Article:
Articles tagged with: navy

Life in the Navy

on Tuesday, 03 June 2014. Posted in Military

Among the papers of the Jeffrey family deposited in the Wiltshire & Swindon Archives, (Ref:1369/16) are a remarkable collection of letters to and from John Russell, a man probably best described as an 18th century equivalent to Samuel Pepys.

Working in the first half of that century, Russell became Clerk to the Navy at Deptford from 1730, having already spent much time at sea and went on to become Consul General in Lisbon in 1749.


The letters offer a wonderful insight into naval life during this period and often refer to ‘celebrities’ of the time. Beau Brummel, for instance, gets a mention in one letter. Archivists at the History Centre believe this collection has a national importance.


Unfortunately, the ravages of time, mould and mice have taken their toll leaving the letters extremely weak and fragile and requiring conservation.

The Archive Conservation staff have an on-going programme of repair and another folder of 50 letters (they number hundreds in total), is nearing completion. Because of their precarious condition full, traditional repair has been carried out involving backing, endorsements and infilling. This will prevent further damage and at last make them accessible to researchers.

Mervyn Grist
Conservator

The First World War Home Front – a forgotten part of the war

on Friday, 07 February 2014. Posted in Military

The Blitz, rationing, evacuees, home guard, women’s land army are all such familiar parts of the story of the Second World War. The home front is well documented, the setting for popular television programmes, taught in primary schools and part of our collective narrative for the Second World War, but most people know very little about the home front during the First World War. Prompted by this year’s centenary and the production of a resource pack for schools, volunteers and staff have been looking into the archives for documents about the Great War. At the request of teachers, we looked into the role of children in the war researching the school log books to find out how the war affected their lives.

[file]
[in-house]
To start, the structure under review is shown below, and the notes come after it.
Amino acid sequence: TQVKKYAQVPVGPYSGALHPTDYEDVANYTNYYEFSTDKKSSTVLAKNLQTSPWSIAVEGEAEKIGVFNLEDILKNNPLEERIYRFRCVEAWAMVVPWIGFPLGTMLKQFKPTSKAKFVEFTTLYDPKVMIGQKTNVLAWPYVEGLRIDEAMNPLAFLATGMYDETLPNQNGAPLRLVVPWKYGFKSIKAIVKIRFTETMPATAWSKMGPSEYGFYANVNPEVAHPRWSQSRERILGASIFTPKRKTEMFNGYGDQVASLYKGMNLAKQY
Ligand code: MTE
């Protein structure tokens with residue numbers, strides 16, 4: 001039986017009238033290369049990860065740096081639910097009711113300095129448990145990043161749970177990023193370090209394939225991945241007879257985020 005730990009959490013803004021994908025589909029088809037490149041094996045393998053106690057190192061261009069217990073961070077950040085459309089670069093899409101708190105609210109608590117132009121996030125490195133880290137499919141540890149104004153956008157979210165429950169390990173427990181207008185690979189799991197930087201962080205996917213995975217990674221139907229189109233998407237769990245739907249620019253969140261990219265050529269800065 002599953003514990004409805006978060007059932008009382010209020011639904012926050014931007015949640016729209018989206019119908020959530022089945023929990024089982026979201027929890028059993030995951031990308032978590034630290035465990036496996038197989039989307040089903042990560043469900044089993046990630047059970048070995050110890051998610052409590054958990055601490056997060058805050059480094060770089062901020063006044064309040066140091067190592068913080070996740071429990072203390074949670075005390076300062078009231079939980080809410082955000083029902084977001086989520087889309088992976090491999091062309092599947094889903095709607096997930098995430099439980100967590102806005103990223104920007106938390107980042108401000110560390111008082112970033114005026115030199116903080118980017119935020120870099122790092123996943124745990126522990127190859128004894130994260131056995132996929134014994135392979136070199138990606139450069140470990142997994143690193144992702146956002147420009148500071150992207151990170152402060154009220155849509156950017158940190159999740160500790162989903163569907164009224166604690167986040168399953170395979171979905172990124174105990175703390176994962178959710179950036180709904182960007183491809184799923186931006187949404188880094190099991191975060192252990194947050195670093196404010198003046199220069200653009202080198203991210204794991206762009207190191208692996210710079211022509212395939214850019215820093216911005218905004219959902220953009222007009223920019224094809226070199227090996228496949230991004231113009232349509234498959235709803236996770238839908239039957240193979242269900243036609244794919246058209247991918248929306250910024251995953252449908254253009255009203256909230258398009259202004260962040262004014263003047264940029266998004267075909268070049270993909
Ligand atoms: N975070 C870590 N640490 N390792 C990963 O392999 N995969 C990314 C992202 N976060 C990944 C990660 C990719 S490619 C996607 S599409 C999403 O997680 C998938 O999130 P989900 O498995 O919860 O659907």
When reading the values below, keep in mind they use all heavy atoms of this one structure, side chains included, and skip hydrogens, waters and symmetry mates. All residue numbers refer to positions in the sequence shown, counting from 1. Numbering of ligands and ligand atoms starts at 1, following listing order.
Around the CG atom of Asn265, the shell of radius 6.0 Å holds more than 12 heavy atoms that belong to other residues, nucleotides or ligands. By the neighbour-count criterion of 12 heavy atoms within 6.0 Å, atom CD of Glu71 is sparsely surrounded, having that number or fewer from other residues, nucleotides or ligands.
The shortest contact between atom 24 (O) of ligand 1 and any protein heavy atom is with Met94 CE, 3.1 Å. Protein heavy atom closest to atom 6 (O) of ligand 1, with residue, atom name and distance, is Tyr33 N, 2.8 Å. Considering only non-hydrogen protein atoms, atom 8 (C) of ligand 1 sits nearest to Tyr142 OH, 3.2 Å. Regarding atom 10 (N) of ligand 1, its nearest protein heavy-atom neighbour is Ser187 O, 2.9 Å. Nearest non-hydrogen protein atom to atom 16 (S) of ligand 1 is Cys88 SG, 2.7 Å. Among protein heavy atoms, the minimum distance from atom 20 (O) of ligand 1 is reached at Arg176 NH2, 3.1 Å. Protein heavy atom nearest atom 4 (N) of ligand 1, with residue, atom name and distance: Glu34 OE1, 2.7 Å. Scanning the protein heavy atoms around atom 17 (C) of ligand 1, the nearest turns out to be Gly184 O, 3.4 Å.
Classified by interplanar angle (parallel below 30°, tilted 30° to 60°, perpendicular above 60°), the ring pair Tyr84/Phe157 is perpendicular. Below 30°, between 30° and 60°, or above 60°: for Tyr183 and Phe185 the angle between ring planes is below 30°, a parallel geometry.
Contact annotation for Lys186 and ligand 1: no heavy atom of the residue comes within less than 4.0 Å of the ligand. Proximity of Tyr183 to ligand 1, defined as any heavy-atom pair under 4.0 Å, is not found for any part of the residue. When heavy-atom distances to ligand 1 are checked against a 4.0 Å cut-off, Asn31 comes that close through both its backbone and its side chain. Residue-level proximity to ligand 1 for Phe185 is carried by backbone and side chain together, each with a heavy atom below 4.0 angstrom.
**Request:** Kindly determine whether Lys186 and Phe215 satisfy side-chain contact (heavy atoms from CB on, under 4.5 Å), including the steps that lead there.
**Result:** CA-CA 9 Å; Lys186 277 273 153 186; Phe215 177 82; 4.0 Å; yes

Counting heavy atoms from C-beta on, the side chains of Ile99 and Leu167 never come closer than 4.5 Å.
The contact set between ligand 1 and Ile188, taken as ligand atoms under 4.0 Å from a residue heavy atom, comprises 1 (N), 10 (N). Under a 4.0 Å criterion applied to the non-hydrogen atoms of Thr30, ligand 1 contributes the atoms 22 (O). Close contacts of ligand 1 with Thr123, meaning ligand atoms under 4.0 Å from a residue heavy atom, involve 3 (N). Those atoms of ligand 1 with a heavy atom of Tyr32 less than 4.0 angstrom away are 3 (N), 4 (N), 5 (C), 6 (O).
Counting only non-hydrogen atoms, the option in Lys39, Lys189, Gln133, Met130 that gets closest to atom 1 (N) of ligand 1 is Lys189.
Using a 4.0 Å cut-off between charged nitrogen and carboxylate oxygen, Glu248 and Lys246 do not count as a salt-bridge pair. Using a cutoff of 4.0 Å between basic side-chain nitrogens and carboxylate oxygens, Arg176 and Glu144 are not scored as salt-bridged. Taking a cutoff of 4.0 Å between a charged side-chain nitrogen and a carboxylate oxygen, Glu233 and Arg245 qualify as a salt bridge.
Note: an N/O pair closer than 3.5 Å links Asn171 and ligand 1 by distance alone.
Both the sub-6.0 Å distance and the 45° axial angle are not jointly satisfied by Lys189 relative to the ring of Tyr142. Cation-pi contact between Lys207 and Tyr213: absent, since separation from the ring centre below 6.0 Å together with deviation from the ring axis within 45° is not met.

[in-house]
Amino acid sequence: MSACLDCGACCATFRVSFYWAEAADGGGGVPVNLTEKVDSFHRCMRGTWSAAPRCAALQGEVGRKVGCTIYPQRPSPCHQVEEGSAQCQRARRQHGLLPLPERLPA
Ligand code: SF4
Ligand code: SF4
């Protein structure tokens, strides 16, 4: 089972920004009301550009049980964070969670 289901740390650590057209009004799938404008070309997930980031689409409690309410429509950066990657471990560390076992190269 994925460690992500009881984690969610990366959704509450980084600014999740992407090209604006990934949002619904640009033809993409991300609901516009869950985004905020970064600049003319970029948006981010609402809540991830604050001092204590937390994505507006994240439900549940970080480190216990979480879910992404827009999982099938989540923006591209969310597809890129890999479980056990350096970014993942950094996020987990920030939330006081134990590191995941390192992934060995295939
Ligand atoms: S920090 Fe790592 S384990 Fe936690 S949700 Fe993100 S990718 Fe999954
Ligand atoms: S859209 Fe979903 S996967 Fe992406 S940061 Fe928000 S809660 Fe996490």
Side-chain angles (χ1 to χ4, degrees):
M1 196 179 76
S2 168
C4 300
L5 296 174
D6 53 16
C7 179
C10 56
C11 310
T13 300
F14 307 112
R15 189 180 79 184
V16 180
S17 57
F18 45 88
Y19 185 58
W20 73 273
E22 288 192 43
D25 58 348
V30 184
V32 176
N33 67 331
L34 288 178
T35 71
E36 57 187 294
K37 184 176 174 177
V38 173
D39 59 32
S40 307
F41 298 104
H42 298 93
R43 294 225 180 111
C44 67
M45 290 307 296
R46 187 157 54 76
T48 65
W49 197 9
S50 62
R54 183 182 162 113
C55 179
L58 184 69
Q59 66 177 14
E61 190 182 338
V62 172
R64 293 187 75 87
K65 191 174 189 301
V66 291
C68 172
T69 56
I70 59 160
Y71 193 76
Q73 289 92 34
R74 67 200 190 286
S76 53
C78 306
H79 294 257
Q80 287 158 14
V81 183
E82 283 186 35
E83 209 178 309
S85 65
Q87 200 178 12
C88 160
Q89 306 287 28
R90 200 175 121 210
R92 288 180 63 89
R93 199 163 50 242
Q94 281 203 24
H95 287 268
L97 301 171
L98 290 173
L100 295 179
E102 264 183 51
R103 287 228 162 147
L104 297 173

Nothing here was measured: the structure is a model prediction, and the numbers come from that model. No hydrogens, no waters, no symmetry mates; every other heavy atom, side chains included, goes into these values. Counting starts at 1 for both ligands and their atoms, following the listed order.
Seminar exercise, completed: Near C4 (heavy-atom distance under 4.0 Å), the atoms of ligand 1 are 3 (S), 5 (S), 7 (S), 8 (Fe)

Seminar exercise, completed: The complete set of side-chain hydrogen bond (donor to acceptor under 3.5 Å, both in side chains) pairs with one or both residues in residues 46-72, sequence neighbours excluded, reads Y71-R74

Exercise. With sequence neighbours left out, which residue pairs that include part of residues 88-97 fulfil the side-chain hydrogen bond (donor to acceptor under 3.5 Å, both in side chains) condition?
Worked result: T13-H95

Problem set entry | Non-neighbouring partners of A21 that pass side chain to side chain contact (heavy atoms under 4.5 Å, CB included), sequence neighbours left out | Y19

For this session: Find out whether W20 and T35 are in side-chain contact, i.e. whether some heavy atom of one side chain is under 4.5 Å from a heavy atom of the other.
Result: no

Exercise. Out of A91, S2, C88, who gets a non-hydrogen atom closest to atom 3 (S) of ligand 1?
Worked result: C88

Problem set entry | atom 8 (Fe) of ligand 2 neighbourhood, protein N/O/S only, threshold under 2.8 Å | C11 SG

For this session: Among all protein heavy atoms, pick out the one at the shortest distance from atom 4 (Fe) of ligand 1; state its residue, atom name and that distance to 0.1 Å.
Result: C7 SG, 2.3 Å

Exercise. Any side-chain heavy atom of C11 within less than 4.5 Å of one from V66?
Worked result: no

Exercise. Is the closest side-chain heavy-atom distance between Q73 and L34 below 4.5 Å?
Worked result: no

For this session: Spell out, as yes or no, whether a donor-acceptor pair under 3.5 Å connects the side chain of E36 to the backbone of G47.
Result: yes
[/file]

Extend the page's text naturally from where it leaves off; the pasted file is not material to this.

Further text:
The Worst Journey in History

on Saturday, 19 October 2013. Posted in Military, Wiltshire People

Winston Churchill described the arctic convoys of the Second World War as the worst journeys in history; for the sailors not only had to contend with freezing conditions and the very real chance of getting stuck in the ice but also the terror of U-Boats and dive bombers. This all seems a long way from the safety of the present day and from Wiltshire – a county with no coastline. But a few weeks ago Wiltshire Council held a ceremony to honour the residents of the county who served in those convoys and who have had to wait 70 years before they were granted a service medal that recognised their particular efforts. It was a tremendous surprise, and a great honour, for those involved in organising this event to discover that there are 25 men living in Wiltshire who served in those convoys.

logos1

Accredited Archive Service